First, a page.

|Publication number||US4953770 A|
|Application number||US 07/301,520|
|Publication date||Sep 4, 1990|
|Filing date||Jan 24, 1989|
|Priority date||Jan 24, 1989|
|Publication number||07301520, 301520, US 4953770 A, US 4953770A, US-A-4953770, US4953770 A, US4953770A|
|Inventors||Thomas Bond, Sr.|
|Original Assignee||Bond Sr Thomas|
|Export Citation||BiBTeX, EndNote, RefMan|
|Patent Citations (6), Referenced by (35), Classifications (11), Legal Events (3)|
|External Links: USPTO, USPTO Assignment, Espacenet|
This invention relates to a holder for a conventional billiard or pool cue chalk.
Virtually all pool and billiard players use conventional cue chalks to apply chalk to the tips of their cue sticks between shots. Storing or holding the block or cube of chalk between successive shots is very often annoying and inconvenient. Typically, the cube is left on the side of the table or elsewhere about the room. Because the players and the chalk are constantly moving about the table, the chalk may not be readily accessible for the next shot and the game may be delayed. The chalk may even be misplaced or lost. Storing the cube in one's pocket is impractical because the chalk tends to be fairly messy.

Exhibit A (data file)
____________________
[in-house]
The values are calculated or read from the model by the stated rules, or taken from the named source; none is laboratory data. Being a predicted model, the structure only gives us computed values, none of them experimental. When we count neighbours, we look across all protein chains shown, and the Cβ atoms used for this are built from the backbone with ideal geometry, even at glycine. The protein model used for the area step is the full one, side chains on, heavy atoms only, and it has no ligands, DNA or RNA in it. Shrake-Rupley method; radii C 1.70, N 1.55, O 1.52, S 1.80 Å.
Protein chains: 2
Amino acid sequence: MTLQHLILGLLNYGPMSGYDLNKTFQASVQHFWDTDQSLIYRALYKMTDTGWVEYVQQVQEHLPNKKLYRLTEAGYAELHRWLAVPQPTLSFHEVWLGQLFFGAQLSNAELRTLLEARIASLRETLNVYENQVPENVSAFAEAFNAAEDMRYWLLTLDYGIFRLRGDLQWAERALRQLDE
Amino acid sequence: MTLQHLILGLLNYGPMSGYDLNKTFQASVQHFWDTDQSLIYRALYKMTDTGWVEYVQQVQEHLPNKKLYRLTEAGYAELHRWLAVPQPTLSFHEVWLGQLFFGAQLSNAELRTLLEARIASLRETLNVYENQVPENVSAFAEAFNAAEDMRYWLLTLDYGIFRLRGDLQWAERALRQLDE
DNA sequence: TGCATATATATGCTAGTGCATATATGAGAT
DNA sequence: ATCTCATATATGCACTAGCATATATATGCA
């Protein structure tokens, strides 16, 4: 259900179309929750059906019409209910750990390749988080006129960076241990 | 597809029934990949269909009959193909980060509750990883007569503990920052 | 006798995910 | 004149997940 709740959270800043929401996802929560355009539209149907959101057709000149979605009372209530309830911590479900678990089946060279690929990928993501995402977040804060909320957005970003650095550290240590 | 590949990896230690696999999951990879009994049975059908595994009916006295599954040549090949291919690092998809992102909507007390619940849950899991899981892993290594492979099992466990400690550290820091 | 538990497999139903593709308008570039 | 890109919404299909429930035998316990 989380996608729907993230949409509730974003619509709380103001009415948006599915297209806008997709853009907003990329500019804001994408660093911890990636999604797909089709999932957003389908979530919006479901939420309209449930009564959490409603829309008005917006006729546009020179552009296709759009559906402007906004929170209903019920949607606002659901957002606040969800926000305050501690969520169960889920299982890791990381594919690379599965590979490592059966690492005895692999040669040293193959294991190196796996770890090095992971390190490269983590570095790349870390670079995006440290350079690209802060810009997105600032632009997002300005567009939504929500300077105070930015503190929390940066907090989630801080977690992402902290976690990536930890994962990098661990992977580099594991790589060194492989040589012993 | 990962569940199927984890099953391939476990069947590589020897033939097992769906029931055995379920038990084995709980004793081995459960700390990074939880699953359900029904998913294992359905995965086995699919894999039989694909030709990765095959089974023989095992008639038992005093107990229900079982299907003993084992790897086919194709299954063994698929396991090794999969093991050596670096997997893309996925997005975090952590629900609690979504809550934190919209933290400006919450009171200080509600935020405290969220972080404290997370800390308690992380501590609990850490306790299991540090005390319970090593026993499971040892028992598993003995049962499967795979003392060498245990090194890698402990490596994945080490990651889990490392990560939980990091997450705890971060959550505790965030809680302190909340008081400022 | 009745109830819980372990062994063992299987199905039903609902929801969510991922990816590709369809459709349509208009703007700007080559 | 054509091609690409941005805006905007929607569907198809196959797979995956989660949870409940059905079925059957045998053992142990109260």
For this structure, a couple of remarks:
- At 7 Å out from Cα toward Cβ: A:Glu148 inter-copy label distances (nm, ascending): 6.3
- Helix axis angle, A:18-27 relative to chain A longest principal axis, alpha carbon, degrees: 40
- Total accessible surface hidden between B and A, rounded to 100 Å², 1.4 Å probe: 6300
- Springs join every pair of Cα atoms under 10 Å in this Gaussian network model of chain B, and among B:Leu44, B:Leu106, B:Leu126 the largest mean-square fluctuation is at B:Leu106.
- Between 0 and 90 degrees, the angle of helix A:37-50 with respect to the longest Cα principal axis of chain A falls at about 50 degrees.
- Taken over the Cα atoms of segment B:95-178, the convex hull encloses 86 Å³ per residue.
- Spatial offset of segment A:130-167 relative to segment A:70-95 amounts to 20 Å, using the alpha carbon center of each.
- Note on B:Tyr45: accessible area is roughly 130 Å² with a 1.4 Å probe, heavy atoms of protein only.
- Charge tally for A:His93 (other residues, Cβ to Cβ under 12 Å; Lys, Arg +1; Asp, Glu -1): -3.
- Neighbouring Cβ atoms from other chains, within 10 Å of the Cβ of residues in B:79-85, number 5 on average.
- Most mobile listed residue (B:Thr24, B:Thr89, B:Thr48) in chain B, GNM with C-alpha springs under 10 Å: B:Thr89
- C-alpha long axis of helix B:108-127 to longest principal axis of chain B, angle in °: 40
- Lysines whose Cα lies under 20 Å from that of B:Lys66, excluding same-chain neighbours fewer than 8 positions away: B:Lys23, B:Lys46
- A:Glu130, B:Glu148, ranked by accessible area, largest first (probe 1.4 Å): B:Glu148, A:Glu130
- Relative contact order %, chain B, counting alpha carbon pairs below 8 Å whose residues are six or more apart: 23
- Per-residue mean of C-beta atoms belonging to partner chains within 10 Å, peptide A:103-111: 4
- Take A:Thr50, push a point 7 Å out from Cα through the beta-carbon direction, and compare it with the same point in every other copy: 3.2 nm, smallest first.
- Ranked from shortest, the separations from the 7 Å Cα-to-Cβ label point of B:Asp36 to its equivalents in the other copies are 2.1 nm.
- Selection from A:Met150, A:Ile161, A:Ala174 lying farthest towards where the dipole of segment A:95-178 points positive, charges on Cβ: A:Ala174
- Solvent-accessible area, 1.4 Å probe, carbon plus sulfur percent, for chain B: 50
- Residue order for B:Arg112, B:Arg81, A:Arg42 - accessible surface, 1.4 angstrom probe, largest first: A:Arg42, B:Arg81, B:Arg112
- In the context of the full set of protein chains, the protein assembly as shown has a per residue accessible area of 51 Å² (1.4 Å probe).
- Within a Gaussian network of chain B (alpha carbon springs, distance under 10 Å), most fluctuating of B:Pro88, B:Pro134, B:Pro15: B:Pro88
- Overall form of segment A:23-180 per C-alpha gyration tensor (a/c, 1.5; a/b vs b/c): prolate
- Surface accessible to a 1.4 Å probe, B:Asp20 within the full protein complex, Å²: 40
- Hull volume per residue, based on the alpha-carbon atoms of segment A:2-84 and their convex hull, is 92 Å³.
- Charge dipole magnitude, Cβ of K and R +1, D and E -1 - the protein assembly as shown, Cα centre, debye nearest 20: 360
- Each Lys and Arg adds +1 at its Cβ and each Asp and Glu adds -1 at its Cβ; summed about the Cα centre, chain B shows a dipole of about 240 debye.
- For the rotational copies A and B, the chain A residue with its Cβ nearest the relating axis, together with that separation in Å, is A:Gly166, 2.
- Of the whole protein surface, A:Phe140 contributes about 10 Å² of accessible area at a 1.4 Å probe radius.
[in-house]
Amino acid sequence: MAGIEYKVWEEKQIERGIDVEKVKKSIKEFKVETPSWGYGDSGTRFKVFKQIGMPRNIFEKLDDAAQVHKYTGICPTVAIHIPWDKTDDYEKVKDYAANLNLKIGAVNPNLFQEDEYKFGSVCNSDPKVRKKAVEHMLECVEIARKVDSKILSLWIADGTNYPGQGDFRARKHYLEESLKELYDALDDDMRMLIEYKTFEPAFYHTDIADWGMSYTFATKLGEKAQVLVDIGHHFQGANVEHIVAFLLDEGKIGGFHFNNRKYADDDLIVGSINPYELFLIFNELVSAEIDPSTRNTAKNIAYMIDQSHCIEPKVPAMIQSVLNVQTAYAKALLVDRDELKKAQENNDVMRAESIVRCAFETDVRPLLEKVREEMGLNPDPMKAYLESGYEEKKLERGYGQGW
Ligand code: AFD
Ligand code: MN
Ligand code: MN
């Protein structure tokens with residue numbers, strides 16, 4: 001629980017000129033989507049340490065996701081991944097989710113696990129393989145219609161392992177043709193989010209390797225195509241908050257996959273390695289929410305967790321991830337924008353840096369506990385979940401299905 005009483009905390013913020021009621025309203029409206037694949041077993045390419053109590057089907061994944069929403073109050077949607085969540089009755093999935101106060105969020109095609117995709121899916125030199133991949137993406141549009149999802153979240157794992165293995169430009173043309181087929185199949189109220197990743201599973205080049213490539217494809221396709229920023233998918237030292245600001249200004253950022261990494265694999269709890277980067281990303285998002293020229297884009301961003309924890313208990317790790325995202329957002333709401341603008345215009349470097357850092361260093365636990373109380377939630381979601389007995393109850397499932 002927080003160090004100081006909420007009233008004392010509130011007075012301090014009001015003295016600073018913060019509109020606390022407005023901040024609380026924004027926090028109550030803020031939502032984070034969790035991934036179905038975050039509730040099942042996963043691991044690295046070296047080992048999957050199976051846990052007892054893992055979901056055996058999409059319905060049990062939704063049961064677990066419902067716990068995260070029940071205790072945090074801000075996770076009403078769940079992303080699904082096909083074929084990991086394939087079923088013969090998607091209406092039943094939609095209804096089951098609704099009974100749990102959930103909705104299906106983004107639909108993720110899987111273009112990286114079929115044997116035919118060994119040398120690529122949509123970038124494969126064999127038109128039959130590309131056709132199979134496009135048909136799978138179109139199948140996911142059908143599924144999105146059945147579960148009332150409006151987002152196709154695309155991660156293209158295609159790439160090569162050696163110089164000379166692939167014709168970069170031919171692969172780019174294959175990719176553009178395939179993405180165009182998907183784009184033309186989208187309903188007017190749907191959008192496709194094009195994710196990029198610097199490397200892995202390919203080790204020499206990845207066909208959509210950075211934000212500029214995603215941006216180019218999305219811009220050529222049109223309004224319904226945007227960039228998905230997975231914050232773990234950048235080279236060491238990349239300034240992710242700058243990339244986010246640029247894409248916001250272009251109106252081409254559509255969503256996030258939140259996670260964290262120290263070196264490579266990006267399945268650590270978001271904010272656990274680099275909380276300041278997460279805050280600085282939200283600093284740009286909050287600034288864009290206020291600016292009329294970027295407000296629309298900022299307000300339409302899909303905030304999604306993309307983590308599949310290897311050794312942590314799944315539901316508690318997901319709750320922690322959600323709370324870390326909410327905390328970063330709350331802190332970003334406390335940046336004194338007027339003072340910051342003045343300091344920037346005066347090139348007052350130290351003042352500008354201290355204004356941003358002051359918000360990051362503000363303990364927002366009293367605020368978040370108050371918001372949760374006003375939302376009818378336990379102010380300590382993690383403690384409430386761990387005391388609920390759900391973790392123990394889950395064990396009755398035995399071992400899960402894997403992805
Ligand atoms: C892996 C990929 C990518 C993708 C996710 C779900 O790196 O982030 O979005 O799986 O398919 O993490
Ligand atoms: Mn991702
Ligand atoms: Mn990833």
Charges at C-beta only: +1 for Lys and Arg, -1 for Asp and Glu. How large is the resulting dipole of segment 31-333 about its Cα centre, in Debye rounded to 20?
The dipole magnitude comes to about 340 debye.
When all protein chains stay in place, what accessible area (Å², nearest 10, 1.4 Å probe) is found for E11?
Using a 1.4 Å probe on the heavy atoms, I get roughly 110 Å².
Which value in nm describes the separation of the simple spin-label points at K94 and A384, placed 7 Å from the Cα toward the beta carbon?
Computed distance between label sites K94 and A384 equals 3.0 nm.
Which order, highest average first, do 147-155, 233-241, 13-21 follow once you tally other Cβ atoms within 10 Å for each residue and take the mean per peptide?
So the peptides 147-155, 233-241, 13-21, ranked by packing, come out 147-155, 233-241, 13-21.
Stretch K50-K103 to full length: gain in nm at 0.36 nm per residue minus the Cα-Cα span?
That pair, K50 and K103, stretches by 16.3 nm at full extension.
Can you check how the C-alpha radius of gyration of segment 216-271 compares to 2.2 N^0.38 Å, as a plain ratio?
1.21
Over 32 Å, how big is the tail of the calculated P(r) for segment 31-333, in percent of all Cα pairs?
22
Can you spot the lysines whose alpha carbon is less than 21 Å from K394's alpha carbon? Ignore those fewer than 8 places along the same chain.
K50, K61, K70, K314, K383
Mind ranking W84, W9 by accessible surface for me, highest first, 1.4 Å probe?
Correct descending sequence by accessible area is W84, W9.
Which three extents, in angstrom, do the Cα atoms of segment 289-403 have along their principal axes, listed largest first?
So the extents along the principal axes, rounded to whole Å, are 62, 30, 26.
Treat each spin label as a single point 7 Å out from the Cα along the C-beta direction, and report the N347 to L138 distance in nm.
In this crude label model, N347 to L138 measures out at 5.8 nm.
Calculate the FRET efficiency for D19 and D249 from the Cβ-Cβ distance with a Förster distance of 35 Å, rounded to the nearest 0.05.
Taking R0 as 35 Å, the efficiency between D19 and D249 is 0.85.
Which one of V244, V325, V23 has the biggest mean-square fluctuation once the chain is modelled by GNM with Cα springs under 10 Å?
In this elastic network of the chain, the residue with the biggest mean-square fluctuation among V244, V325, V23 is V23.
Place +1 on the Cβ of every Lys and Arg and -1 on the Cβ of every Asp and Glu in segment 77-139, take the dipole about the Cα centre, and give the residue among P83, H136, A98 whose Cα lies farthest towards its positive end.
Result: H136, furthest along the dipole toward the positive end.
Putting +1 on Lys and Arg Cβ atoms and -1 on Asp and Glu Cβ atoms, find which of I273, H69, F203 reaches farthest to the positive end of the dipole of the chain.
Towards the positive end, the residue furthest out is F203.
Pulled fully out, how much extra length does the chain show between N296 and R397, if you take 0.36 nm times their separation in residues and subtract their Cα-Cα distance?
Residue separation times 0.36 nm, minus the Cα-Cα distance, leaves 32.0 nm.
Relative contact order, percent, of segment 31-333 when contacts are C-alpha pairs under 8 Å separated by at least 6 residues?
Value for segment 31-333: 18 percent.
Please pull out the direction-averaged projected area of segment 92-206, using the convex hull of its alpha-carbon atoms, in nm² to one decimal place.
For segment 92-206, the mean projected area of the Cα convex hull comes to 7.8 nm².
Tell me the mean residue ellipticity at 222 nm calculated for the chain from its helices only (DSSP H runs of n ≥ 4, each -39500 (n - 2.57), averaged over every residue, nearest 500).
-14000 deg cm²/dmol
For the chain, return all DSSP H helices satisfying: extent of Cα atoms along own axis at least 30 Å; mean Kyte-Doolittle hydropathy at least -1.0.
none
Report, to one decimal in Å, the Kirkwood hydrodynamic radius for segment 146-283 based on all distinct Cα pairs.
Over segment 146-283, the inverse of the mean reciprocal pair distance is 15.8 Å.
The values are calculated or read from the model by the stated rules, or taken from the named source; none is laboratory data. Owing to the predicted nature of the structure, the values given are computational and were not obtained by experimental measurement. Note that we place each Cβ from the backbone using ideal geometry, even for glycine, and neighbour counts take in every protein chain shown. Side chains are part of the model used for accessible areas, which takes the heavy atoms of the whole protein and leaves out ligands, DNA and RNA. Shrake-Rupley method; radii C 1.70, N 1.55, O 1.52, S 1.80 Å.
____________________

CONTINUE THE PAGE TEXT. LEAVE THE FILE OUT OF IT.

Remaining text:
Additional problems are created by players sharing chalk cubes. A player may leave sweat or saliva on the cube, thereby rendering it useless for his partner or opponent. Accordingly, each player should have his own chalk and the chalk should be immediately accessible to him.
In an attempt to meet this need, various ring-type holders have been provided for cue chalk cubes. These holders have been designed typically to support the cube on one of the fingers of the player's guide hand during his shot. However, such holders are often awkward and clumsy to wear and may interfere with the movement of the cue stick. Pool and billiards are games requiring a high degree of "feel" and ring holders may disrupt that feel. Moreover, such holders are totally impractical for players who operate and chalk the cue stick with the same hand. For example, a right handed pool player will typically wear the ring holder on his left hand that rests on the table to support the cue during the shot. However, most right handed players tend to chalk the cue using their right hands. As a result, chalking is made awkward; either the ring must be switched to the opposite hand or chalking must be performed with the less natural hand.
It is therefore an object of this invention to provide a pool or billiards cue chalk holder that allows the player ready access to a personal chalk cube after each shot.
It is a further object of this invention to provide a chalk holder that provides for quick, secure mounting and storage of the chalk cube after each use so that fewer chalk cubes are misplaced and soiling of the user's clothing is reduced.